5. The Sermon Heard Round the World 147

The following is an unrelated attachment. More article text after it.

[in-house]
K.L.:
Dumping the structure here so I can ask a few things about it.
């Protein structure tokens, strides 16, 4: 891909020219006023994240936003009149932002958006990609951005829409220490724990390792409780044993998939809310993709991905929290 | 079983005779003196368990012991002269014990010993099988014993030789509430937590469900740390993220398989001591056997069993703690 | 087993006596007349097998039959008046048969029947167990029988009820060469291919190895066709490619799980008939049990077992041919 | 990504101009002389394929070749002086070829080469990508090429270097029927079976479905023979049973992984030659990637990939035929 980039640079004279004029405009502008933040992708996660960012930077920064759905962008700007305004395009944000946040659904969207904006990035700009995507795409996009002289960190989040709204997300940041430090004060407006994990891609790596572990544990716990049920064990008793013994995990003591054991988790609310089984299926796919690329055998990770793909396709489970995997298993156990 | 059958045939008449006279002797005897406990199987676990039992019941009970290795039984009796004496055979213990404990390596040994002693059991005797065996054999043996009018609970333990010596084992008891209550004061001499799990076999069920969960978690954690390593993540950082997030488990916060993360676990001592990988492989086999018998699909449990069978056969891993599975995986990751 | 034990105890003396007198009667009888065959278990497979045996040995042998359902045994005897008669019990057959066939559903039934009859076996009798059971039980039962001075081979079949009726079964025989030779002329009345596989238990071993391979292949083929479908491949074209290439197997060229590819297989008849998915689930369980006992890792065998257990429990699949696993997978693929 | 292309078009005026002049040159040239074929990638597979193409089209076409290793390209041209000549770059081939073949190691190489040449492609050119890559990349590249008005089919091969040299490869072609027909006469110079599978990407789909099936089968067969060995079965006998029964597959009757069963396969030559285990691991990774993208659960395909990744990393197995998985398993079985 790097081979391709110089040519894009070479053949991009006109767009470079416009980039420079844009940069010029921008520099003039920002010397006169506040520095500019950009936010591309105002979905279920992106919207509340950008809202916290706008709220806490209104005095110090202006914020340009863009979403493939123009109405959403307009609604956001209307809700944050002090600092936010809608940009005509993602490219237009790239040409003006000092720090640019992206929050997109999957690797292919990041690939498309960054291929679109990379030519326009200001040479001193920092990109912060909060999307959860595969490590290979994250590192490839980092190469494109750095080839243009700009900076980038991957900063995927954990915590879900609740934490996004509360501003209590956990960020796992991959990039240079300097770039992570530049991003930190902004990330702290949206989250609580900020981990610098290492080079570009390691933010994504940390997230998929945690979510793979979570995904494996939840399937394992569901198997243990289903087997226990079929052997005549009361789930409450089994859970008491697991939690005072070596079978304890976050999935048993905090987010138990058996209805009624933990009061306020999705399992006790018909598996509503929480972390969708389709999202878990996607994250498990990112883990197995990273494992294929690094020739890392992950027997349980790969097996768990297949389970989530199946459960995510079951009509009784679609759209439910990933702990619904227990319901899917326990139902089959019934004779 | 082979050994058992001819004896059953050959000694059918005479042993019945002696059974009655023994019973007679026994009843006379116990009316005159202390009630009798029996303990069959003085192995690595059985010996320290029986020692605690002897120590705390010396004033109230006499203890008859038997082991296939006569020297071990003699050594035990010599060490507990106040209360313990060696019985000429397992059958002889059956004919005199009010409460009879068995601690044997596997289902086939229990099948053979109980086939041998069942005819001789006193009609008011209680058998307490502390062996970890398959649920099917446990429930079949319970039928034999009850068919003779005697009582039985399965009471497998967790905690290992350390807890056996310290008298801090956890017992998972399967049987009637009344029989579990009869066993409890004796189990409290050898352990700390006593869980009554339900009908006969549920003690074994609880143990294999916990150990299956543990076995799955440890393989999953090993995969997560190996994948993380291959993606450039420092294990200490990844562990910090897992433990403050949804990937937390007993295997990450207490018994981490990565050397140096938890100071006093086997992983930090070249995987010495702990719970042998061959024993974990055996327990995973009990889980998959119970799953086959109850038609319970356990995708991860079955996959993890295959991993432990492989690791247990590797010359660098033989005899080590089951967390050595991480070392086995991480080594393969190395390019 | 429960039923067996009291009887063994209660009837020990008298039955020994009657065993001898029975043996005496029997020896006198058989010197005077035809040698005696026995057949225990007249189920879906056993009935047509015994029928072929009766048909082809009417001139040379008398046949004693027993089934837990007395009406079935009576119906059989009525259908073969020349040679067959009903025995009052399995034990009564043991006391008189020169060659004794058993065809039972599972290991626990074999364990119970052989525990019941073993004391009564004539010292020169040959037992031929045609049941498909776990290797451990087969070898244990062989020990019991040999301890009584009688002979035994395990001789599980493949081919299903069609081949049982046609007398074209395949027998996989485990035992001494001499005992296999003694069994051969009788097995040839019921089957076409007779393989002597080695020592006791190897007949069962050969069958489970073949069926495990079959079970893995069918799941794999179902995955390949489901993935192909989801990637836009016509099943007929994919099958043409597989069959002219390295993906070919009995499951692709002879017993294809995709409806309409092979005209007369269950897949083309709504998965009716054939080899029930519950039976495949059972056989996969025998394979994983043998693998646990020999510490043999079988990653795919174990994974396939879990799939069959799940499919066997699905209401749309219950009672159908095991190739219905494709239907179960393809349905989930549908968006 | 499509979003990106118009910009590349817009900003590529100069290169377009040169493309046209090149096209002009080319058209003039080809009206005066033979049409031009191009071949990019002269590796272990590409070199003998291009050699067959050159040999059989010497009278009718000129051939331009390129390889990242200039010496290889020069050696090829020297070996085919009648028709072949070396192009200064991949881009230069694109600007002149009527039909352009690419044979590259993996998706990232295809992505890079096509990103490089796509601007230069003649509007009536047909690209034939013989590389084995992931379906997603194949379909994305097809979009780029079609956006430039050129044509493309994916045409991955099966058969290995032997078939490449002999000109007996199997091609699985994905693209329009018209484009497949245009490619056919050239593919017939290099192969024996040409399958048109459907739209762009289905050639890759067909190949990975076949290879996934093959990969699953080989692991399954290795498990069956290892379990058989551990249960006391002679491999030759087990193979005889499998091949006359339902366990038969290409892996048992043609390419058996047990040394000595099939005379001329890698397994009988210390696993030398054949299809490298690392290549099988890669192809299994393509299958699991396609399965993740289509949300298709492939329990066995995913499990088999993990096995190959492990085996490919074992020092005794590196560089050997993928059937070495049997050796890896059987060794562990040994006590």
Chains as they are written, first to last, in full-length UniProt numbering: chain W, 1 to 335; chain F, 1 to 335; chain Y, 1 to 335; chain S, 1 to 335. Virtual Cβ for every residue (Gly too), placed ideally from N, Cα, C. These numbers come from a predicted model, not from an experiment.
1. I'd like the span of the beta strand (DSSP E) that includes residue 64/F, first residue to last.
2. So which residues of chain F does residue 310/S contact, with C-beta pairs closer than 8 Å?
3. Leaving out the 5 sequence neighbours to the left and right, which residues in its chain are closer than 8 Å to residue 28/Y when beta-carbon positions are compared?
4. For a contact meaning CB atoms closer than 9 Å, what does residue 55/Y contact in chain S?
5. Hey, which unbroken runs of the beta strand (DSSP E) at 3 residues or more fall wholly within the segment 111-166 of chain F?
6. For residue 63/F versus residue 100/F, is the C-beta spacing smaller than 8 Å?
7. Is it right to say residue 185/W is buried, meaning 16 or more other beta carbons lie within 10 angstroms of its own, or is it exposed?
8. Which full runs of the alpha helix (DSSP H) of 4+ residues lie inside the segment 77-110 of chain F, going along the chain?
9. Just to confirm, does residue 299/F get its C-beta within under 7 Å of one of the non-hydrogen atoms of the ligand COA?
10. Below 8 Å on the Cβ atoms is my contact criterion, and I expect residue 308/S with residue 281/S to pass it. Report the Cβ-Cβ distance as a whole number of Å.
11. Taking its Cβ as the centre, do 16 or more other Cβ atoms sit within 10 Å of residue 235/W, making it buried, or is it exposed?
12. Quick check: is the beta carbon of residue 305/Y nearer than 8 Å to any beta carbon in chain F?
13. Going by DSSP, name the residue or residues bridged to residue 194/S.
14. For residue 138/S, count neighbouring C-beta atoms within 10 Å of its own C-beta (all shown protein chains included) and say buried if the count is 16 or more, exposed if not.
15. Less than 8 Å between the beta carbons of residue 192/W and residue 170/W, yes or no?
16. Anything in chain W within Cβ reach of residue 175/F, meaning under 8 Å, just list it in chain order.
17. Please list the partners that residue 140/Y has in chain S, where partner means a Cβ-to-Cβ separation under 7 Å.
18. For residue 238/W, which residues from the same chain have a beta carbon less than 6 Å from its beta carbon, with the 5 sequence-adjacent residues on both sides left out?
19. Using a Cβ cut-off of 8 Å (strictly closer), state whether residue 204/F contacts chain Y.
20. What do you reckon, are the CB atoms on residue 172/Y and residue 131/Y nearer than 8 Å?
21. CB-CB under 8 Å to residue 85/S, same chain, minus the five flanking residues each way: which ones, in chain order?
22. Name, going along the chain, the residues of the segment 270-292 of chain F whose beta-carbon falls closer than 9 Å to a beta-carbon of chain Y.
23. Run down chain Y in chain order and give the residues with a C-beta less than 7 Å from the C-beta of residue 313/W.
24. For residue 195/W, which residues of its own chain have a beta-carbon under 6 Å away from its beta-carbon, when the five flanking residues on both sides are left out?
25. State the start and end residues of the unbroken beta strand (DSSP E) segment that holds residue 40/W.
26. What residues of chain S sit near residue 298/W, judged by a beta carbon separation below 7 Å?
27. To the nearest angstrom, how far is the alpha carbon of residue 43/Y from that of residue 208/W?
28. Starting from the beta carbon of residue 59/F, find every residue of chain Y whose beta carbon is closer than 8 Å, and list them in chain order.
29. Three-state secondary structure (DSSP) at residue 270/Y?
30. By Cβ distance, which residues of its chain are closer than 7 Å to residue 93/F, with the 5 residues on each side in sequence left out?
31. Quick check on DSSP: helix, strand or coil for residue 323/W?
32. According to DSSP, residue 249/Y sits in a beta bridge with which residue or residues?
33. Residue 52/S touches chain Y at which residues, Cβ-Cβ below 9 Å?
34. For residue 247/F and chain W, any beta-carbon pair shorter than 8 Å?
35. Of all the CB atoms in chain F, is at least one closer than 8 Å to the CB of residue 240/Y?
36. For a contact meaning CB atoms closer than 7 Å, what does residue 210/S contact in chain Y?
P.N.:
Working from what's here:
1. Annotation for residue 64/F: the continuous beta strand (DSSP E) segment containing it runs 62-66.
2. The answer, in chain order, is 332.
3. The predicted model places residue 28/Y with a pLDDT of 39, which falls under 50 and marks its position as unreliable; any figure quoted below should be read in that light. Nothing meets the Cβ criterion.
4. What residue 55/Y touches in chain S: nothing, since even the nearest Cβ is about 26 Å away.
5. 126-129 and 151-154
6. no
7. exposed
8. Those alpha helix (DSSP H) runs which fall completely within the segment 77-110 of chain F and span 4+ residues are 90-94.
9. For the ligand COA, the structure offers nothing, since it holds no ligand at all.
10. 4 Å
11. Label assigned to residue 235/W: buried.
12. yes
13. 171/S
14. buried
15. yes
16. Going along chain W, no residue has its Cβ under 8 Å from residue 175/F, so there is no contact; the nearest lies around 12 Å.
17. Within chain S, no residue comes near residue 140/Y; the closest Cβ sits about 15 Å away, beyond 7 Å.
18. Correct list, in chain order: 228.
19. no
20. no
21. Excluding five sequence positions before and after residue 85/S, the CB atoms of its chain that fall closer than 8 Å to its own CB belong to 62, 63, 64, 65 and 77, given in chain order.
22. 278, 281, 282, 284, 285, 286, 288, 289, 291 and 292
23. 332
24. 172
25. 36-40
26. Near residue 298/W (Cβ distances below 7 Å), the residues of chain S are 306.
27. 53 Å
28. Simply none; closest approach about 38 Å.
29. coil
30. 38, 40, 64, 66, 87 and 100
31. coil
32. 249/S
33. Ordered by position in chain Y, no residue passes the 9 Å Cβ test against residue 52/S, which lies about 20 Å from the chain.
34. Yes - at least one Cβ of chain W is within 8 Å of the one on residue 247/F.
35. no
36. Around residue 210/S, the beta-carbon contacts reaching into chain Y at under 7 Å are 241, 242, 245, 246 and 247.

CHAPTER 5 The Sermon Heard Round the World “Unlimited Submission” “This celebrated sermon may be considered as the Morning Gun of the Revolution, the punctum temporis when that period of history began.”1 John Wingate Thornton The continued attempt in the 1760s by the Anglicans to establish a colonial bishopric drew such notable figures into the pamphlet controversy as Thomas Secker and Jonathan Mayhew. The conflicting positions of Secker and Mayhew and fears about the growth of Anglicanism highlight the theological assumptions behind diverging political cultures that produced incompatible views on the bishopric question. Mayhew’s rhetoric resurrected old seventeenth century political and religious debates, which Churchmen in England like Secker believed were over. Secker, for his part, sought to promote the Church of England wherever he could because he believed it was the most distinguished Protestant ecclesiastical body of all and the bulwark against the advancement of European Roman Catholicism. Mayhew, on the other hand, viewed the Anglican Church, especially its hierarchy, as the revival of a new form of Roman Catholicism. He believed Secker, whom he saw as William Laud’s heir, aimed to promote High Church Anglicanism and theology to undermine the religious liberties of the colonies. The differing views of Anglicans and Dissenters on the concepts of religious liberty and toleration sharpened conflict over the issue of an American episcopate. No two men represented these differing views and the strong attitudes on both sides so clearly as Secker and Mayhew. The ideological views and attitudes of Mayhew in...
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